The irony of using skills she developed as a government investigator to dig into government business is not lost on Ameno.
Poised to seek the truth about the nuclear material, demand accountability, and make her community safe for its people again, she enlisted topnotch lawyers and experts in health, energy, and environmental safety to her cause. She navigated public offices and open records to assemble more than 3 million documents that helped her to make her stand.
In the first of her court fights, Ameno refused to bargain with prosecutors in 1993 on charges that she disrupted a public meeting of Apollo Borough Council. She was accused of asking too many questions about the radioactivity at the plant. She was acquitted of the charge, then filed her first civil suit against Apollo Borough. Ameno took a small, out-of-court settlement and donated the money to pediatric cancer research.
In the mid-1990s, Ameno said, she organized community groups in Westmoreland and Elk counties to successfully block the transfer of radioactive waste from the Kiski Valley sewage treatment plant to landfills in those areas.
When she threatened to sue the Pennsylvania Department of Environmental Protection for not following its own rules, DEP handed the responsibility for the contaminated sewage lagoon back to Babcock & Wilcox.
During a 1990s meeting with DEP officials, an agency regulator from New Alexandria took Ameno aside. “He told me, ‘My priest told me not to mess with you,’” she said. The man said his priest had given Ameno her last rites—which she ended up not needing—and said to leave her alone. The priest was the Navy chaplain who blessed Ameno 20 years earlier in the Mediterranean.
Ameno also won Congressman John P. Murtha and his staff as allies. Murtha arranged a $5-million study of the dump site and then, in 2001, had the US Army Corps of Engineers placed in charge of the site—the first time jurisdiction of any site had been pulled from the NRC.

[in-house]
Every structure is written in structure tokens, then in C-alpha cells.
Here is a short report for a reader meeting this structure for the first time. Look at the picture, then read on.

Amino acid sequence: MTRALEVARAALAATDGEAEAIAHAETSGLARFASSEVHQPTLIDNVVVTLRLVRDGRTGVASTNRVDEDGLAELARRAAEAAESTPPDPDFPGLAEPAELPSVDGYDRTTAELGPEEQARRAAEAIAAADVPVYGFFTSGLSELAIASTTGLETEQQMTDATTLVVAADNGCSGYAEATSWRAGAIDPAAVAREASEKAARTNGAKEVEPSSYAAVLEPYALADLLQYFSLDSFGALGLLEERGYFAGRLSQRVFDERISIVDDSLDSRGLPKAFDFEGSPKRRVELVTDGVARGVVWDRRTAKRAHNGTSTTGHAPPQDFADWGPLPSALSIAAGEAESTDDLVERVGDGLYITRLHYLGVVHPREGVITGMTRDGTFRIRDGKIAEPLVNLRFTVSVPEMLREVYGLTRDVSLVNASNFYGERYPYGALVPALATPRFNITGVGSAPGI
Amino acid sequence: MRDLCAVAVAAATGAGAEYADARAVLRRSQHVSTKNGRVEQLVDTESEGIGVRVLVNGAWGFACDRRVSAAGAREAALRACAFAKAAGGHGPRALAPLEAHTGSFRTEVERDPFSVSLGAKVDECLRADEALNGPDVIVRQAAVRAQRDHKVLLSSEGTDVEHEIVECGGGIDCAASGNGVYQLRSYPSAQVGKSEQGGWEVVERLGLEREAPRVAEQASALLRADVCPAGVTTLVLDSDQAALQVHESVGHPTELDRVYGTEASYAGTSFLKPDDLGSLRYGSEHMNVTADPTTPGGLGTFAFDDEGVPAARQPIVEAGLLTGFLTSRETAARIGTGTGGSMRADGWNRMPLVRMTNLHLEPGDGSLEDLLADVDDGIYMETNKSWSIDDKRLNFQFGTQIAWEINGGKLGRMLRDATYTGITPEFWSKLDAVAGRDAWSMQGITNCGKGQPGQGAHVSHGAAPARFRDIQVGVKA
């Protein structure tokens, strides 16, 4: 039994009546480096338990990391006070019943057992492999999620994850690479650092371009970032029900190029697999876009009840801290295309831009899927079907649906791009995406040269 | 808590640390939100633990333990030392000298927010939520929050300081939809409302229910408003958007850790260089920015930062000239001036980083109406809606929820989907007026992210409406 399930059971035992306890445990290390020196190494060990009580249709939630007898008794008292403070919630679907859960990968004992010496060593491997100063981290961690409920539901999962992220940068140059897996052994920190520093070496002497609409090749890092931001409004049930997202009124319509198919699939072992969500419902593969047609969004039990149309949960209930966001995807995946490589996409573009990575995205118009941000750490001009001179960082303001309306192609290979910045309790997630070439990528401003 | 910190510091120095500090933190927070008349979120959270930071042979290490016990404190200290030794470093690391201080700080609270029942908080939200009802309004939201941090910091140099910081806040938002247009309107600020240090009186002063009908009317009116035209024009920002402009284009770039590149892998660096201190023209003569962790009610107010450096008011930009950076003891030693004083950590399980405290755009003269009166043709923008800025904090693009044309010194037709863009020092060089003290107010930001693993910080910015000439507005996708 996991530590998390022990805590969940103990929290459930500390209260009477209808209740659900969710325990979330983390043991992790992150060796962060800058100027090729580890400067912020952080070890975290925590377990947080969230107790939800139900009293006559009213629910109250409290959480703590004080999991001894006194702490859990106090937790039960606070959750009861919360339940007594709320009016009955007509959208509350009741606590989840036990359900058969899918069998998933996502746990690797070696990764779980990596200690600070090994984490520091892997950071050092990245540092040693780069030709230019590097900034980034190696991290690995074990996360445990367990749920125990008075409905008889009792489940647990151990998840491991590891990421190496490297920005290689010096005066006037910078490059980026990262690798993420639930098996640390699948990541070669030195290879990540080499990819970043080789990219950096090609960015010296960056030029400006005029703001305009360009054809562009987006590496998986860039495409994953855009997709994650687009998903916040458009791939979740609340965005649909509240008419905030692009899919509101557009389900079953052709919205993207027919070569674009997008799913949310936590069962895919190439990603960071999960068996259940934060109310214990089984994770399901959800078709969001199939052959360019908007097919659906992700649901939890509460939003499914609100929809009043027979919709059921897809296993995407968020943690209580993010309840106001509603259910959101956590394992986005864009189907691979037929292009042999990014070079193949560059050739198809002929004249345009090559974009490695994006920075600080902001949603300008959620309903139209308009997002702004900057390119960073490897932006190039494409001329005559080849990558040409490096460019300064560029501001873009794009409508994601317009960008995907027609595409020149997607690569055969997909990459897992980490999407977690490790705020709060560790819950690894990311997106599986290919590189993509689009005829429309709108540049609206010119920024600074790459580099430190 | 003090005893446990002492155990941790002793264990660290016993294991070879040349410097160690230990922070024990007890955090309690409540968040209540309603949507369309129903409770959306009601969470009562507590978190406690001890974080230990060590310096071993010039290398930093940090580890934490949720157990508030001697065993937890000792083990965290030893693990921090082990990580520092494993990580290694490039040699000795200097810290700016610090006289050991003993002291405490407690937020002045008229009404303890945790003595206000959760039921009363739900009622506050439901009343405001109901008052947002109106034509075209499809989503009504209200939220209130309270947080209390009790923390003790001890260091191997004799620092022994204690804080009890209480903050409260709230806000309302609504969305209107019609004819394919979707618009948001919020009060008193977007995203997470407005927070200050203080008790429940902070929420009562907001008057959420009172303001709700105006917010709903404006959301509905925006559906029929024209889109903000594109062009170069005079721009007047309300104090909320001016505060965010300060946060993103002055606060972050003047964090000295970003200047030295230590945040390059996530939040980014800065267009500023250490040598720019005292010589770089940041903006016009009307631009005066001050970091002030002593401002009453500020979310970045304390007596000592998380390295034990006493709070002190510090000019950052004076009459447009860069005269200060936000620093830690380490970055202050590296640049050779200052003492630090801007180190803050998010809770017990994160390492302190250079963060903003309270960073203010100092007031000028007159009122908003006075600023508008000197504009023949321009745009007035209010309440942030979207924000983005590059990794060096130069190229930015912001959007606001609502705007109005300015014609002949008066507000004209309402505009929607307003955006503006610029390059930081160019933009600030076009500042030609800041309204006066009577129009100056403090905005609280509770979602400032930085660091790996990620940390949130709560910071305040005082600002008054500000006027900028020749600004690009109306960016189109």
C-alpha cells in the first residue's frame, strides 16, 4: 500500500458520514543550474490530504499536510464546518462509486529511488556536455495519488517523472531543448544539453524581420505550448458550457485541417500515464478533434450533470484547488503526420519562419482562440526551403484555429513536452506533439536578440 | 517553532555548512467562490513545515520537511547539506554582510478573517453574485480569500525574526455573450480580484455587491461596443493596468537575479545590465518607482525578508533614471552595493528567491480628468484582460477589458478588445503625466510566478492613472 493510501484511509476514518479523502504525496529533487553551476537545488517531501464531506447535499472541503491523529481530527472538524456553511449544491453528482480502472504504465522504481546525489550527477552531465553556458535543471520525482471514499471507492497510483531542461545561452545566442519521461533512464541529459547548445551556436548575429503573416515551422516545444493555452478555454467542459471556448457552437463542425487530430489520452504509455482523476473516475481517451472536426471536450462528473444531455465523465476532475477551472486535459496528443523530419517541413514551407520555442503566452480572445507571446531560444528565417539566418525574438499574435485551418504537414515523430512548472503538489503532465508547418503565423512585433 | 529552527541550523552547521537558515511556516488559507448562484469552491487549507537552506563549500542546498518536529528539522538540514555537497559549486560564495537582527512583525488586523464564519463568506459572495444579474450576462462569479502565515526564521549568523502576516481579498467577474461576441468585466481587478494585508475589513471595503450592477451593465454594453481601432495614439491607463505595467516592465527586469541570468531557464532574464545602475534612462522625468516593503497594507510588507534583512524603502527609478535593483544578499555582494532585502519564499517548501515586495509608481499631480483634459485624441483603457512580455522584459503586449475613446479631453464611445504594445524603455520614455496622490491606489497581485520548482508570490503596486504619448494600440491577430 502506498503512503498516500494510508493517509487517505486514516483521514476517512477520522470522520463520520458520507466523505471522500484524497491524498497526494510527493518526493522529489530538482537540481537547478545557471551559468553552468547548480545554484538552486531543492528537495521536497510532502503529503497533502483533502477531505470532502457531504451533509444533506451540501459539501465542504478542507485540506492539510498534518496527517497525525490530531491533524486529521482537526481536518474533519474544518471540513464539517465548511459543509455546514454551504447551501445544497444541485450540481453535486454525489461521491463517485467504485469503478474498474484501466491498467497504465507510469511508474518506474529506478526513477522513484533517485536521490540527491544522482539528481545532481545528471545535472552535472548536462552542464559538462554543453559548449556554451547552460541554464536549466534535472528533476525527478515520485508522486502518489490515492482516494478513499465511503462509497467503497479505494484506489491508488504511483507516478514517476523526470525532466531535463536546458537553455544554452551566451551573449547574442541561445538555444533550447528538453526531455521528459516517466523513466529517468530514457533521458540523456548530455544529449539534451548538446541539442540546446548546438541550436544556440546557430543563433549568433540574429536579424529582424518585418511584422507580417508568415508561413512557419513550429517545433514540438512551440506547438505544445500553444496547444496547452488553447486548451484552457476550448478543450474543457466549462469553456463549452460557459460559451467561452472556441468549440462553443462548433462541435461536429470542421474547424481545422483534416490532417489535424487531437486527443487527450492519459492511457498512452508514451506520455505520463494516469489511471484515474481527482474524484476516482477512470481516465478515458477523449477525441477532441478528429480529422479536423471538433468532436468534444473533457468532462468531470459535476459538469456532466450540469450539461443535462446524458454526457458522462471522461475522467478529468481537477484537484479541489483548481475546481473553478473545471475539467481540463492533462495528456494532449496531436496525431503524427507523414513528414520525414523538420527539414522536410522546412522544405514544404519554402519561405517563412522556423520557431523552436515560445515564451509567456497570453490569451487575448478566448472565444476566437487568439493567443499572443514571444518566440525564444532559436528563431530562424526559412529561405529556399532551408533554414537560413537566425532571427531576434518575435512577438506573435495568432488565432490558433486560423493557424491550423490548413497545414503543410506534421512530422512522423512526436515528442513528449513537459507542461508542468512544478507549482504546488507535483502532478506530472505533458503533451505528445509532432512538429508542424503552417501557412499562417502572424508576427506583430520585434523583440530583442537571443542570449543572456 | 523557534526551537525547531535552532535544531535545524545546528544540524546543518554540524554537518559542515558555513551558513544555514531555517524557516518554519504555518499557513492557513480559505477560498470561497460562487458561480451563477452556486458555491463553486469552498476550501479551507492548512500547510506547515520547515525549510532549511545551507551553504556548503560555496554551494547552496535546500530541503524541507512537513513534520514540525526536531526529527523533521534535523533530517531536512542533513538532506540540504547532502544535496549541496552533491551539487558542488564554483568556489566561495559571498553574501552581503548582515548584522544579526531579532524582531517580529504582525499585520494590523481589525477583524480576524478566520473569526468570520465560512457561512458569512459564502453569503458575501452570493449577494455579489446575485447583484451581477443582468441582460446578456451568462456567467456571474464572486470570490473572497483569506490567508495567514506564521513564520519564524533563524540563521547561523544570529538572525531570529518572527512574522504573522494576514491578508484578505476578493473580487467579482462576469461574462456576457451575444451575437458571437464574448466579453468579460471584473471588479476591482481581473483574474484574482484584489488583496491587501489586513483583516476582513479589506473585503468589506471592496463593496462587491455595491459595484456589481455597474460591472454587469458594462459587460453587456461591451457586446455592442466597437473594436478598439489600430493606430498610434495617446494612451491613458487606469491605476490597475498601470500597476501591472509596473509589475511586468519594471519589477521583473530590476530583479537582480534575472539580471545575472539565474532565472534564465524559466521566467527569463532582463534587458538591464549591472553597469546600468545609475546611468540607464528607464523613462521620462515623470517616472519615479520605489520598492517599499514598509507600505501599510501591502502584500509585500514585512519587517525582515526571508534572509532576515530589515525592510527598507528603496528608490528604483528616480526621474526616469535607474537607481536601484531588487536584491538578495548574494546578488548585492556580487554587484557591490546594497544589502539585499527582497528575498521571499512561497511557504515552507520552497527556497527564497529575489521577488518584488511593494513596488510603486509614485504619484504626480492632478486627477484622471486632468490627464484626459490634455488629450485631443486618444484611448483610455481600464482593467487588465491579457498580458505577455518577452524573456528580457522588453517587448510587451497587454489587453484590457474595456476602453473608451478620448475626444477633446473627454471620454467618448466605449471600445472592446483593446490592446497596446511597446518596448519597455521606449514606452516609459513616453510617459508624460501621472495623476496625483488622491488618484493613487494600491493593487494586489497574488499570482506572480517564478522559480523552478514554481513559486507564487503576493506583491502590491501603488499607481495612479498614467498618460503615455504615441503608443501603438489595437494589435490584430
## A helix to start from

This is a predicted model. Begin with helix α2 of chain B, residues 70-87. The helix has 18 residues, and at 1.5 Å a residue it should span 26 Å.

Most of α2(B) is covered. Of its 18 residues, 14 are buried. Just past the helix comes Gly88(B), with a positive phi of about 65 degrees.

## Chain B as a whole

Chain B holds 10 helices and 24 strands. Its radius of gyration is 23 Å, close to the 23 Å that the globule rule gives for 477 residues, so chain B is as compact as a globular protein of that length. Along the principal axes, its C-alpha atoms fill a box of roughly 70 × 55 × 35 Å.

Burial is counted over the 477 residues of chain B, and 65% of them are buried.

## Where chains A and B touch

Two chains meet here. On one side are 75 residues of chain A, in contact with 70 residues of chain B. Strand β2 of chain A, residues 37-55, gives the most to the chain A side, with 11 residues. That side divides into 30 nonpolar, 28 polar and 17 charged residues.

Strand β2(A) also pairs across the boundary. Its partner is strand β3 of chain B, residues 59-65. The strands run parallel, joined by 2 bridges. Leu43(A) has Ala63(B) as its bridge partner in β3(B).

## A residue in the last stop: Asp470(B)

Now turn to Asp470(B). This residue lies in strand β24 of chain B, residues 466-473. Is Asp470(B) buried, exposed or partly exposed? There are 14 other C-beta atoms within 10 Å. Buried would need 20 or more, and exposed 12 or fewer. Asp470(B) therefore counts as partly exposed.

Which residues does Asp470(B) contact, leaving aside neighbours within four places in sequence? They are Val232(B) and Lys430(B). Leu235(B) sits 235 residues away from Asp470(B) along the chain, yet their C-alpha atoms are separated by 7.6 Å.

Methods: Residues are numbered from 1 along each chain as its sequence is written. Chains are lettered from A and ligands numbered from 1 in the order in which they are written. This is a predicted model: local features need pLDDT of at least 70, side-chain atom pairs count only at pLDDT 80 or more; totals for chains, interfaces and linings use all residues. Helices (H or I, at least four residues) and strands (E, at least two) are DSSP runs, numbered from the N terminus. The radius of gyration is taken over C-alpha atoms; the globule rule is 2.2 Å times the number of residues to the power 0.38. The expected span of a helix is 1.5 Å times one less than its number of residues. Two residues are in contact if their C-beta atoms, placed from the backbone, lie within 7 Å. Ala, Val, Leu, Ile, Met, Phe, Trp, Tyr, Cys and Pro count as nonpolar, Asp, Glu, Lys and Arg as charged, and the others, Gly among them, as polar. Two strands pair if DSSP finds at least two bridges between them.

“There is no amount of money that is ever going to replace a mother’s child, or give somebody back their health. But it gives them a feeling, a sense of accountability and vindication.“
In 2007, Ameno testified at a workers’ compensation hearing of the federal Advisory Board on Radiation and Worker Health, which then awarded $28 million, a figure Ameno says is still growing, to former Babcock & Wilcox workers who became ill while working in the plants.
Bigger yet was the settlement of a lawsuit against the plant owners, who agreed in 2007 and 2009 to compensate more than 360 people in Apollo and Parks Township about $90 million for property damage, illness, and deaths attributable to exposure to radiation.
“There is no amount of money that is ever going to replace a mother’s child, or give somebody back their health,” Ameno said. “But it gives them a feeling, a sense of accountability and vindication. And in a lot of cases, it’s for people, families, where the breadwinner got sick. They lost jobs, had no benefits, and ultimately lost their homes.”